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Cullen receives Distinguished Postdoc Mentor Award


Published February 3, 2023

“Dr. Cullen singlehandedly shaped my academic trajectory and is the main reason why I decided to stay in academia. ”
Beatriz Gonzalez, postdoctoral fellow
Department of Biological Sciences
Paul Cullen.

Paul Cullen

Paul Cullen, professor and director of graduate studies in the Department of Biological Sciences, is the recipient of the 2021-22 Distinguished Postdoctoral Mentor Award, which recognizes UB faculty members who excel in the mentoring of postdoctoral scholars.

The annual award, established in 2009, is presented by the Graduate School’s Office of Postdoctoral Scholars. It supports faculty members who not only teach their mentees, but also serve as an advocate, adviser and positive role model.

“The Office of Postdoctoral Scholars was thrilled at this year’s nomination pool,” says Kristen Ashare, director of the Office of Postdoctoral Scholars. “We are continuing to develop opportunities for highlighting mentorship and positive mentor-mentee relationship development here on campus. 

“This annual award honors important work that otherwise goes unseen,” Ashare says. “I’m so grateful to Dr. Cullen and his dedication to mentorship that is recognized with this award.”

Cullen’s research investigates how cells sense changes in the environment and make decisions. He received his PhD from Washington University in St. Louis, where he studied nitrogen sensing and signaling in bacteria under Robert Kranz, professor of biology. Cullen was a postdoctoral fellow at the University of Oregon with George Sprague, now professor emeritus of biology, where he explored glucose signaling in the regulation of filamentous growth in yeast, primarily by mucin sensors and Mitogen-Activated Protein Kinase (MAPK) pathways. His interest in microbial signal transduction has continued as a faculty member in the UB Department of Biological Sciences for the past 18 years.

“All cells sense and respond to extracellular signals,” Cullen explains. “Sensing and relaying changes in the extracellular milieu is mediated by signal transduction pathways. One type of evolutionary conserved signaling pathway are Mitogen-Activated Protein Kinase (MAPK) pathways that can be controlled by G-proteins like the ubiquitous Cdc42. Cdc42-driven MAPK pathways are found in many eukaryotes and function in diverse ways to regulate cell differentiation, cell cycle progression and the response to stress,” he says. “We found a mucin-type protein that regulates MAPK pathways and are interested in learning about what these sticky molecules are sensing and how they trigger changes in cell shape.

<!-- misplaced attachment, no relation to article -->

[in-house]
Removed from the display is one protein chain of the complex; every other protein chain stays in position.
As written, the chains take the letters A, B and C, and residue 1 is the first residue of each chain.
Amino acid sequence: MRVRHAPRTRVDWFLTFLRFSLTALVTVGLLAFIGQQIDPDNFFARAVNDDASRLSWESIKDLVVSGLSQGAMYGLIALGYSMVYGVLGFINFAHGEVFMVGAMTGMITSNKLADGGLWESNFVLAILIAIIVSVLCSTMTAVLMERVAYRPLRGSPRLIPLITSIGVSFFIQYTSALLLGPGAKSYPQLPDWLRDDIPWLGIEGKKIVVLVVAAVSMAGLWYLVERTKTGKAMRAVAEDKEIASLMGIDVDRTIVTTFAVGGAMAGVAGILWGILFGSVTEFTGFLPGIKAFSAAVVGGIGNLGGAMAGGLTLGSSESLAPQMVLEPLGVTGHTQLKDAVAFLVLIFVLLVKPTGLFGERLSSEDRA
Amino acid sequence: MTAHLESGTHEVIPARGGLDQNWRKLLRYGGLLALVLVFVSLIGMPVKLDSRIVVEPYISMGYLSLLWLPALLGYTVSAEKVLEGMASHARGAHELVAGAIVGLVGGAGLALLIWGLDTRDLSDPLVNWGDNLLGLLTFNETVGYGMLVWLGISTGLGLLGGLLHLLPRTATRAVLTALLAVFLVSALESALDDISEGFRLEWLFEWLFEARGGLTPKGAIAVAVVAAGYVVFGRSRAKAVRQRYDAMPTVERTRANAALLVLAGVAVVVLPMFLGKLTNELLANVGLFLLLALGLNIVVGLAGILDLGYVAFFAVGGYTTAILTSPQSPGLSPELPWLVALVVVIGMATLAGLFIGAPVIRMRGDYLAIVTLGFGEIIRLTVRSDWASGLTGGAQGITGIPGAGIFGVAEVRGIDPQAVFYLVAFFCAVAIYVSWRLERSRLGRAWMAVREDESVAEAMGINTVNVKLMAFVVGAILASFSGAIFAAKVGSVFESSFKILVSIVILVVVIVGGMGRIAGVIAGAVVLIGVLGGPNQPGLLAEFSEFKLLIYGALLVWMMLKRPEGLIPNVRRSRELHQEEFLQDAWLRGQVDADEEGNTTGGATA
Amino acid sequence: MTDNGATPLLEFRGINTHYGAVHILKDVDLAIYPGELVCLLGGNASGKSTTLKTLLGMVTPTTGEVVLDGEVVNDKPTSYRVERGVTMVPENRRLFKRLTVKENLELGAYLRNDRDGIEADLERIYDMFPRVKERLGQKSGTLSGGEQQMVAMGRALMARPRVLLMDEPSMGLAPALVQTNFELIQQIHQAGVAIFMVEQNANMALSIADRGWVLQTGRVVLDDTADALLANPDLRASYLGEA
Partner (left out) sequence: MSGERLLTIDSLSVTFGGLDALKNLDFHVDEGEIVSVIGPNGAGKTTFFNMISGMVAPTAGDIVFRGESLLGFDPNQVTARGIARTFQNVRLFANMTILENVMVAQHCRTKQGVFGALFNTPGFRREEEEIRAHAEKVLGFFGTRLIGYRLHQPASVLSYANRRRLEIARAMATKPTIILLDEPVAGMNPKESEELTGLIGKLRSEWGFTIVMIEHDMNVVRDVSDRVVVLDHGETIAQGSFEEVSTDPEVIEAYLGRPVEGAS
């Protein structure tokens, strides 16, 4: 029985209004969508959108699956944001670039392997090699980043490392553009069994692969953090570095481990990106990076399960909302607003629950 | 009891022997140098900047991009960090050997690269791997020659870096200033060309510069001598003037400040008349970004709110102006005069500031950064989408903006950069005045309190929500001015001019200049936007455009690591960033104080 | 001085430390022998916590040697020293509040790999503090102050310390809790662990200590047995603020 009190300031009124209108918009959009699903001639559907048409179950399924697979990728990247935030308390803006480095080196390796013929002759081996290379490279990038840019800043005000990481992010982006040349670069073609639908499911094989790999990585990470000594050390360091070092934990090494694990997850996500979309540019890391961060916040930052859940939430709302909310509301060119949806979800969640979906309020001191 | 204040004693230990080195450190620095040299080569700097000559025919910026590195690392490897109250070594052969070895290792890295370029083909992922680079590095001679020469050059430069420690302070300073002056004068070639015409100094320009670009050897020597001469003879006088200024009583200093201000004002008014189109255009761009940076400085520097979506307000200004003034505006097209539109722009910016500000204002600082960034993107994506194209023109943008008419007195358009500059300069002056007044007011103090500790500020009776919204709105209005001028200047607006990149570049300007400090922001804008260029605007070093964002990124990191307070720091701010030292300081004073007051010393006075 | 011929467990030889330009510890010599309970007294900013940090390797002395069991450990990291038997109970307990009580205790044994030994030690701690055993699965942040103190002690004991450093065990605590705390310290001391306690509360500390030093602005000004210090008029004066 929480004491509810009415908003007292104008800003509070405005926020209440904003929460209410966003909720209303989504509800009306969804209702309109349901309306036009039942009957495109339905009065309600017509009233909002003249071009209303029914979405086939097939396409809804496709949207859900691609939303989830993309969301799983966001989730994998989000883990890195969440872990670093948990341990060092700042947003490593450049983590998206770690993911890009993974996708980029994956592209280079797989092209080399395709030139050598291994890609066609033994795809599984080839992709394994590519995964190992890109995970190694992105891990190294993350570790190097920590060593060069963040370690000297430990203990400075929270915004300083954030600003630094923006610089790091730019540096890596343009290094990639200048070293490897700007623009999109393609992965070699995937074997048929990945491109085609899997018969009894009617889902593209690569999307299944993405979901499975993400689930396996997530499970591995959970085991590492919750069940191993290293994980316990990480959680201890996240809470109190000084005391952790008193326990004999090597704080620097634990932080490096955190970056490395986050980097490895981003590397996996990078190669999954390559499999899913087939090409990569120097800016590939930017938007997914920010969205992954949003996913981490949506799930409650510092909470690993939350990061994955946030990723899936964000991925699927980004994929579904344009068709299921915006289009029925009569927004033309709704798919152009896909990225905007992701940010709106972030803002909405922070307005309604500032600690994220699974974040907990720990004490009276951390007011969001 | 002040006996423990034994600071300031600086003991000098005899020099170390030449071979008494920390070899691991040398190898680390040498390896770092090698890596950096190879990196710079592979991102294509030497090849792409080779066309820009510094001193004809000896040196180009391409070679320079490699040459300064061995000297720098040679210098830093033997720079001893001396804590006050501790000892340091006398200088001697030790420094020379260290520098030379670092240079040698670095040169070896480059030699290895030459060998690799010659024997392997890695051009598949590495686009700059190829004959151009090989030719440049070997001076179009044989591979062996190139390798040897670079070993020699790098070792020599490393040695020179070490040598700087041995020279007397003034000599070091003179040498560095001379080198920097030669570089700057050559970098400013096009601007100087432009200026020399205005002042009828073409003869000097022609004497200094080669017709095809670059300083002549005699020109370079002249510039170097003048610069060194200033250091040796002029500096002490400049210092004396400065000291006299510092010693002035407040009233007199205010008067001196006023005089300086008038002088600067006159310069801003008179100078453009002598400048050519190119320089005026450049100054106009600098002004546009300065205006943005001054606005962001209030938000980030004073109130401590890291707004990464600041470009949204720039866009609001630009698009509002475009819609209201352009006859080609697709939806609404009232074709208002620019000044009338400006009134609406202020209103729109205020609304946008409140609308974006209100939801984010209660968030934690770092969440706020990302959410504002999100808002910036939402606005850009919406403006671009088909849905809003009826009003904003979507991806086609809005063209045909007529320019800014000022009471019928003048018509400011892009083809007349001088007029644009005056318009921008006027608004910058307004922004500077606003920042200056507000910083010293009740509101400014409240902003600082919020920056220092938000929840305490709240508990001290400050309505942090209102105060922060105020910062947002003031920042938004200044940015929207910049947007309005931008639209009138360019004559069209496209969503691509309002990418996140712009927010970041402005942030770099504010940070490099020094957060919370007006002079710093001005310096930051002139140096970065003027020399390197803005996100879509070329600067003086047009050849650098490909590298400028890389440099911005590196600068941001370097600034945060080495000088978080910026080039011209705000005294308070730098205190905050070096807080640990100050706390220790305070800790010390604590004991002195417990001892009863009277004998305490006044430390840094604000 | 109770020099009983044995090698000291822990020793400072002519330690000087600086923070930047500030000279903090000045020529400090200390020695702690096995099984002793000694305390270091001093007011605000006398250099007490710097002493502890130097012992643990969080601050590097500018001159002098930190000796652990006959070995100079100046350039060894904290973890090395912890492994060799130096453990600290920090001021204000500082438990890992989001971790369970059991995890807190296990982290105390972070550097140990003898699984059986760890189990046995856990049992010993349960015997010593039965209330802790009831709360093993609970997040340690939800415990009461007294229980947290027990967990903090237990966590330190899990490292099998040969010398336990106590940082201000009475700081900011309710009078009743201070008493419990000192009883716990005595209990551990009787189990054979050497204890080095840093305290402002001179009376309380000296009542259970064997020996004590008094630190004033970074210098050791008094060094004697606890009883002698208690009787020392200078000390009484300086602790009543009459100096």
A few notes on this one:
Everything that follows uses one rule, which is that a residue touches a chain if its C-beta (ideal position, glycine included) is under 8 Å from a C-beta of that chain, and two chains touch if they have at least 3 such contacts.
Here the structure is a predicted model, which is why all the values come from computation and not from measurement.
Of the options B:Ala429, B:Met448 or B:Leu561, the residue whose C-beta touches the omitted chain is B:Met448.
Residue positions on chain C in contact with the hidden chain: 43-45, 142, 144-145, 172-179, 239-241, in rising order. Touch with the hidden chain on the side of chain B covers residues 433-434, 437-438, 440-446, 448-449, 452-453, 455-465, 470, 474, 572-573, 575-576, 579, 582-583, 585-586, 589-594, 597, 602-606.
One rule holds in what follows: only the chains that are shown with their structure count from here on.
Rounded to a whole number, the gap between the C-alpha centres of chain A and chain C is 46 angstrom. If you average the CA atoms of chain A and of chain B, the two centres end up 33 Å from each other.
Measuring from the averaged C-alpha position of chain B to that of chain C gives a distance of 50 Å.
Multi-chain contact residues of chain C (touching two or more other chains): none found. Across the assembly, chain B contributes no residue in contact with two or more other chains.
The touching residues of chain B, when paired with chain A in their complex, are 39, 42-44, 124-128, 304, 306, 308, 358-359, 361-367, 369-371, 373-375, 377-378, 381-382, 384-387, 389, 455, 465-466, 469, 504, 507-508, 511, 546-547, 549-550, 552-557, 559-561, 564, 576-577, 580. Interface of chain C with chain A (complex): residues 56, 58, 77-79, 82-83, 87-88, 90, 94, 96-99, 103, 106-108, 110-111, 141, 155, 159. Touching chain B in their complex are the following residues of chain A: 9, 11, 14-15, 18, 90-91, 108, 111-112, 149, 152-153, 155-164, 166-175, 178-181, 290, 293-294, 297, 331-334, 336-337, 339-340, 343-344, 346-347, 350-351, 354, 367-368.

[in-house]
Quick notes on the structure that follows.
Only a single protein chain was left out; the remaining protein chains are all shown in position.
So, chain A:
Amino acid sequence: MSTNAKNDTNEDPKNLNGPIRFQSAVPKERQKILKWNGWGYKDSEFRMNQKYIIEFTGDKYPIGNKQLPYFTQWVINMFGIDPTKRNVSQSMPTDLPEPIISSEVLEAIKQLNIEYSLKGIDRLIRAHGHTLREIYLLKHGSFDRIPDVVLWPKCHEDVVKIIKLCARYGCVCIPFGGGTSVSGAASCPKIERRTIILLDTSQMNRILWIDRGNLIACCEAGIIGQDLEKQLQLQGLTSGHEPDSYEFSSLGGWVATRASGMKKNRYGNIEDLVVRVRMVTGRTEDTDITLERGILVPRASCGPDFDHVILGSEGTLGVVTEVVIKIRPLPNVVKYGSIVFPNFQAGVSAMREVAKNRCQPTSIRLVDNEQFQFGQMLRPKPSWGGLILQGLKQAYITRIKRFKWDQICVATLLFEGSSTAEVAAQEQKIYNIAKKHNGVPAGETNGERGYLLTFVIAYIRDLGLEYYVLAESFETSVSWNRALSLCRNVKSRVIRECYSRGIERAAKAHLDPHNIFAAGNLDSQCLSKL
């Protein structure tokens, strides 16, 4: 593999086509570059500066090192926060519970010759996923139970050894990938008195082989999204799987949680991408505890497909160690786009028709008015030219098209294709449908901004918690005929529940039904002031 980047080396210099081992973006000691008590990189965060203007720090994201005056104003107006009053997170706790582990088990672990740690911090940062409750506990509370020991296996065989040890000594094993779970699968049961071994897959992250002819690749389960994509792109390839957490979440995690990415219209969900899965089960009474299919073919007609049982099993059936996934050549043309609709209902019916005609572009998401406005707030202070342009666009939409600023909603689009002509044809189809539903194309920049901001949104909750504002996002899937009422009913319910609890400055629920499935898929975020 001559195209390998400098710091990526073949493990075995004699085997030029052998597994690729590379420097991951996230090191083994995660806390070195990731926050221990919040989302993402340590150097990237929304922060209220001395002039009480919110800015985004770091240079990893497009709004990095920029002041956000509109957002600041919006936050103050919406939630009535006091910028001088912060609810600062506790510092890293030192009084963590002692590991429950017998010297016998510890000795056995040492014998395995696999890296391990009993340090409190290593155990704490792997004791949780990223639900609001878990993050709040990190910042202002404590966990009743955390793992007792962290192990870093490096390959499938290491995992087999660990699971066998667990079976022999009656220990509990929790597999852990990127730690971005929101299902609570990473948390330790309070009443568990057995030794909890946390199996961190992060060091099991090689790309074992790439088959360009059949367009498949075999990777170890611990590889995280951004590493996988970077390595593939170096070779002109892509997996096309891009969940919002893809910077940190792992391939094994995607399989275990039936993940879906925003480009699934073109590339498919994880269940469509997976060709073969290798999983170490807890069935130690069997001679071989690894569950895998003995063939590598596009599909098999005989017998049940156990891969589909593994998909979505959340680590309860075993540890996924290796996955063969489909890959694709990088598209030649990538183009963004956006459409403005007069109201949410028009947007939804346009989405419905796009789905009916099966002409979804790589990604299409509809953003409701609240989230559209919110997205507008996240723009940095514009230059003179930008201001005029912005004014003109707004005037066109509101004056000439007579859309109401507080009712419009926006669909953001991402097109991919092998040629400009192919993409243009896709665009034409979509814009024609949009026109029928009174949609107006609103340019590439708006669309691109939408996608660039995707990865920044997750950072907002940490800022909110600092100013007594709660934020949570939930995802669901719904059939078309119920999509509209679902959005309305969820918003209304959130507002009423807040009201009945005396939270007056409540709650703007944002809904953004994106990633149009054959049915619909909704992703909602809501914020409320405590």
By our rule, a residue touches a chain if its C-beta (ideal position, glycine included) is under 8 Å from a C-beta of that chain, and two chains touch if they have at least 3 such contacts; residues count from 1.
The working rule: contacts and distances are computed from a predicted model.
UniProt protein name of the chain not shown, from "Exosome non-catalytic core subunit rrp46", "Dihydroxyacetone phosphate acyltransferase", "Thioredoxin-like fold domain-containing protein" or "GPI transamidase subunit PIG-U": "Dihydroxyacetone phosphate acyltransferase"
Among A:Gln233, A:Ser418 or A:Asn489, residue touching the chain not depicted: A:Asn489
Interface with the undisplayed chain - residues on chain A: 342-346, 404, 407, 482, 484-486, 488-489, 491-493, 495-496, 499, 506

“An interesting feature of MAPK pathways is that they can share components with other pathways in the cell,” Cullen notes. “How pathways that function in integrated networks induce the ‘right’ response is not well understood. Furthermore, inappropriate regulation of MAPK pathways can lead to cross talk, which is an underlying cause of diseases including cancers, immune diseases, inflammation and neurodegenerative disorders.”

Cullen’s nomination for the Distinguished Postdoc Mentor Award included a letter of endorsement from Beatriz Gonzalez, postdoctoral fellow in the Department of Biological Sciences.

“Dr. Cullen singlehandedly shaped my academic trajectory and is the main reason why I decided to stay in academia,” Gonzalez wrote in her nomination letter.

“During my experience as a graduate student, I had other advisers who did not drive my attention to an academic career. I was considering non-academic career choices until I met Dr. Cullen during an international collaboration, and I had the opportunity to spend 4 months in his laboratory.”

Gonzalez called her experience with Cullen “really fruitful in terms of research, writing and thinking.” As supervisor, Cullen “completely changed my vision about research and science,” she said.

“Dr. Cullen is a positive role model who has reinvigorated my love of science,” she wrote. “He really respects and understands my goals and makes a real effort to help me to achieve my aspirations. He also drives passion toward his research and transmits this passion to me.

“Dr. Cullen puts my career goals as a priority. It is not uncommon to hear from my postdoctoral colleagues that they are just cogs on a greater machine, their primary goal being achieving the PI’s goals,” Gonzalez wrote. “Rather, I feel that I am working on my future in Dr. Cullen’s laboratory and exploring exciting research together with my colleagues.

“In addition, as a woman, we are uniquely vulnerable and face more obstacles that other people in our same situation. I was so lucky to have one mentor like Dr. Cullen, who helps and supports me to keep fighting and pursue my dreams and goals against the odds.”

Gonzalez’s letter “impressed” the selection committee, Ashare said.

“It truly takes a mentor going above and beyond to close these leaks in the talent pipeline and we are so glad that Dr. Beatriz Gonzalez shared her story,” she said.